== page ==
Heart Attack Proves Fatal to Tynan
Former Texas State Senator and Bexar County Texas District Attorney Walter Tynan, whose political career spanned two of the most tumultuous decades in Bexar County politics, died Wednesday, January 20, 1965, of a heart ailment. He was 67.
A man who declared his politics always has been against the political machines and whose pet aversion was the political boss, Tynan honed his talents as a young prosecutor in the district attorney's office in the late 1920s, rose to Bexar County first assistant district attorney, and became Bexar County district attorney in 1930.
Backed by the emerging Citizen League, which was to break the hold of the city - county machine by defeating the machine incumbents in the 1930 county elections, Tynan was elected to office. His running mates, all of whom blasted out their opponents from their courthouse stronghold, were Maury Maverick for tax collector; William Wurzbach county judge; Albert Maverick Jr. and Bob Uhr for Bexar County commissioners; and D. K. Davis for county attorney.
10 Years in Office
Tynan served four years as Bexar County district attorney, and six years as Texas state senator. During one senatorial race, Tynan defeated Texas State Rep. Red Berry in the liveliest pairing of the campaign. Although he retired from politics as a candidate after completing his term Dec. 31, 1952, Tynan kept his hand in as a political mentor. A strong man not given to evasion, he endorsed Pat Maloney for district attorney in 1954. Maloney, one of his closest friends right on up to the day he died, lost a run-off race to District Attorney Austin Anderson, after leading in the first primary, and Tynan's long-time courthouse amigo P.E. Dickinson was destined to go down to defeat in 1960. Dickinson had been politically aligned with Tynan since the beginning of Dickinson's career. Tynan conducted a long and enduring political fight with the late Sheriff Owen Kilday, the Bexar County courthouse leader for many years.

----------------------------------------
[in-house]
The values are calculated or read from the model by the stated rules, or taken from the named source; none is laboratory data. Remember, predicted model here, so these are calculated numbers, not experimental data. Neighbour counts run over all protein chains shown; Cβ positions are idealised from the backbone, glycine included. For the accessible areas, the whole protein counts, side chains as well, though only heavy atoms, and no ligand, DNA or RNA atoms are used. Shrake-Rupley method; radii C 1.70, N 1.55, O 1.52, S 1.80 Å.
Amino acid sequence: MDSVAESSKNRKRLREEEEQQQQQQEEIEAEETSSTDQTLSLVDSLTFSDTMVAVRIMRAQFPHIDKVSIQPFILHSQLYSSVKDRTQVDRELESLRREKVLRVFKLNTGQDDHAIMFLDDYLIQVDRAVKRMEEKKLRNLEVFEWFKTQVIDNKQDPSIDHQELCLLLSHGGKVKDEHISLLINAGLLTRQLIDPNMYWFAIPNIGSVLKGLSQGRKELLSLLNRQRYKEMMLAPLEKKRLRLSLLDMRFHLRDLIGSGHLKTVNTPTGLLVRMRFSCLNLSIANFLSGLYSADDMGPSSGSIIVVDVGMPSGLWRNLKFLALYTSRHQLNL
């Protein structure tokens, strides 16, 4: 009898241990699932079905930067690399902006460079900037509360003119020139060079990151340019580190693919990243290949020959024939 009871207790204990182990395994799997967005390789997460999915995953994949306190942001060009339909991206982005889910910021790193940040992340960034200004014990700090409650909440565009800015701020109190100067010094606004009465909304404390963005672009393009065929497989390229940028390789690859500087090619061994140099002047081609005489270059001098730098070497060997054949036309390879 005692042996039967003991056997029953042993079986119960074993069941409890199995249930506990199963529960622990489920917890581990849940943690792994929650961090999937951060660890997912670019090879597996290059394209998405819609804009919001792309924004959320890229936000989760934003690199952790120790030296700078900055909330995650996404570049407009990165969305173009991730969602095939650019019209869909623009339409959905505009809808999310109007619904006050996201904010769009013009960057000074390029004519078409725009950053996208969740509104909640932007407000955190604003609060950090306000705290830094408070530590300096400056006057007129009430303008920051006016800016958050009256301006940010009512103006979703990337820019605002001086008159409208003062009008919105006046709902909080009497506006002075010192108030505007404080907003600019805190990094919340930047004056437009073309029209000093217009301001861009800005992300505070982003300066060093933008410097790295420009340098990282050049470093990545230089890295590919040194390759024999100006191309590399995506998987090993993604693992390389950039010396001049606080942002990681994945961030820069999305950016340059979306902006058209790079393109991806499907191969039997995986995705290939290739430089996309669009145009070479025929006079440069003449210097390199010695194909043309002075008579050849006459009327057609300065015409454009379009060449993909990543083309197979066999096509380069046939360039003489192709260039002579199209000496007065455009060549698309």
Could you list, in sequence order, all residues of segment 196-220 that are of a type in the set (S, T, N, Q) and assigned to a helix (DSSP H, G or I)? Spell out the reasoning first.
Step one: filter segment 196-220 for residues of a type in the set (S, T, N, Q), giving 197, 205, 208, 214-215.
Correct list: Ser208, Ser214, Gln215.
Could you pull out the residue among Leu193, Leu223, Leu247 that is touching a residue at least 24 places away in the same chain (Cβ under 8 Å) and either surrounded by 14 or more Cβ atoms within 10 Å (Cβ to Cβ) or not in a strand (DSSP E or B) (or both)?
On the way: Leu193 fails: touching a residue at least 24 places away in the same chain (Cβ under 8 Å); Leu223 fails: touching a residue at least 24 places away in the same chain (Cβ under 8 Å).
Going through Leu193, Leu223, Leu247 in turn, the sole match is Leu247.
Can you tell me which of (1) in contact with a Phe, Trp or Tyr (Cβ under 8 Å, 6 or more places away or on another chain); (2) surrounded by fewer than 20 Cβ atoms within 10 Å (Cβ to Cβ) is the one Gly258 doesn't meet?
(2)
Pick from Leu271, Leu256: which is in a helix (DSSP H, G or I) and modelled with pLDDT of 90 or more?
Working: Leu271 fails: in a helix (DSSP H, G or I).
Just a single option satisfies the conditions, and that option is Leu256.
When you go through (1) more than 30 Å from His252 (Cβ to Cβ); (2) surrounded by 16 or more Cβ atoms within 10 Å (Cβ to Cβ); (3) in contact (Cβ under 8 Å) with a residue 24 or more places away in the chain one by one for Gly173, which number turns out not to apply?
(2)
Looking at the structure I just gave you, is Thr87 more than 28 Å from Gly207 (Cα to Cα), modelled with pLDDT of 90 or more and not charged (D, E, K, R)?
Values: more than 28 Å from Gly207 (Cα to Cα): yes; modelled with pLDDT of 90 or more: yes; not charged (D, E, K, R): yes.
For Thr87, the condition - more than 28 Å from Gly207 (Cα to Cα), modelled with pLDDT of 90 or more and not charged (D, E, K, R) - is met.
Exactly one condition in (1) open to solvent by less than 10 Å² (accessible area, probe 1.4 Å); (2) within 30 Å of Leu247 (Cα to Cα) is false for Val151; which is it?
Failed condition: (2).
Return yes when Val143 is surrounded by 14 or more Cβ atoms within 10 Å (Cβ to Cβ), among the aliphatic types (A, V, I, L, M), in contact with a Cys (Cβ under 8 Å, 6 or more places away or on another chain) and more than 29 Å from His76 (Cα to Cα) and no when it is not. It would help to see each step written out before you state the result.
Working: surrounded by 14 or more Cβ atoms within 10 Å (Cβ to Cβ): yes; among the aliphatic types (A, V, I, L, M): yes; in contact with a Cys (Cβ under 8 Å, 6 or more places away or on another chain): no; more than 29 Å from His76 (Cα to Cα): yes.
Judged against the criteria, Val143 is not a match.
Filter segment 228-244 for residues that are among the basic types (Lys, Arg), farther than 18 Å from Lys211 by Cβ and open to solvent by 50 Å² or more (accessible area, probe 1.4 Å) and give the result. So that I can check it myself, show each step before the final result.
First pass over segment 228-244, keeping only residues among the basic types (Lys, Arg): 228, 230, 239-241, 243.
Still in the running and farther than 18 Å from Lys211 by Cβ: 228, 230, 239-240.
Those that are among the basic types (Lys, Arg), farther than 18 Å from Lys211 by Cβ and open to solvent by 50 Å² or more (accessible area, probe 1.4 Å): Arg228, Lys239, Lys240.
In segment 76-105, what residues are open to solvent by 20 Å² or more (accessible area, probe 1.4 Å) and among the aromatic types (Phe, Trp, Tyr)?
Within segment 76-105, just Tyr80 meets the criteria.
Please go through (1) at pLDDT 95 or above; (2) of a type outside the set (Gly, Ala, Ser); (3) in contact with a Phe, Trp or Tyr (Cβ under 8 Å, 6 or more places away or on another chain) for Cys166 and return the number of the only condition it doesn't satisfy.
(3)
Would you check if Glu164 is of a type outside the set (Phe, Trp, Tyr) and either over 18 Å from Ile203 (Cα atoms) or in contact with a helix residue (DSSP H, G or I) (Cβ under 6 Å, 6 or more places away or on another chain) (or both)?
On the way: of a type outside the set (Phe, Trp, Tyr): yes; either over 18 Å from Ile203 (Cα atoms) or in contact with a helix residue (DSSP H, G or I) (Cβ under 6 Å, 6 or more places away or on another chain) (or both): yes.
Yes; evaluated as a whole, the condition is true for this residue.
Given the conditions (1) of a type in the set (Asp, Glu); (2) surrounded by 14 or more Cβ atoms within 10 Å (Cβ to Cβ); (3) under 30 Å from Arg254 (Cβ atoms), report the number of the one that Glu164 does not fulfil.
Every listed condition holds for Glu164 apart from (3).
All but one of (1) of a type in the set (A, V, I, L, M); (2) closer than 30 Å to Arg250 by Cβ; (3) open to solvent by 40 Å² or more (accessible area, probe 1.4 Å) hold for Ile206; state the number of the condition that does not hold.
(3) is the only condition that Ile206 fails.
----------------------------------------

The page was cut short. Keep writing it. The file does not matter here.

After he left the state Senate, Tynan entered private law practice. A resident of 217 E. Craig Place, Tynan entered the Nix Hospital after a heart attack Friday, January 15, 1965. His condition was aggravated by a cold, but Tuesday, January 19, 1965, he felt well enough to tell close friends he hoped to go home Wednesday.
Tynan, of Irish descent, obtained a bachelor of science degree from St. Mary's University and his law degree from the University of Texas. A Catholic, Tynan was a life-long resident of San Antonio. He was a veteran of World Wars I and II.
Survivors included two sons, E. Walter Tynan III and Richard A. Tynan, two daughters, Miss Ann Tynan and Miss Mary Tynan, and two brothers, Leo Tynan and Harold Tynan, all of San Antonio; two. sisters, Mrs. W. C. Davis of San Antonio, Mrs. Kenneth Wendler of Austin, and eight grandchildren.
A rosary was said for Tynan at 7:30 p.m. Thursday, January 21, 1965, in the Georgian Chapel of the Porter Loring Mortuary. A service was held at 9 a.m. Friday, January 22, 1965, in the Georgian Chapel, and mass was said at 9:30 a.m. in St Mary's Catholic Church. Burial was in San Fernando Archdiocesan Cemetery, arrangements by Porter Loring.
San Antonio Express; Tuesday January 21, 1965.
See also, Edward Walter Tynan, III, Mary Tynan Davis, Walter Costello Tynan, Johanna Tynan, Edward K. Tynan, Eliza Tynan, Lizzie Tynan, and Leo Costello Tynan, Jr.
Prosecuting Attorneys Virtual Cemetery
Louise Feehan Tynan
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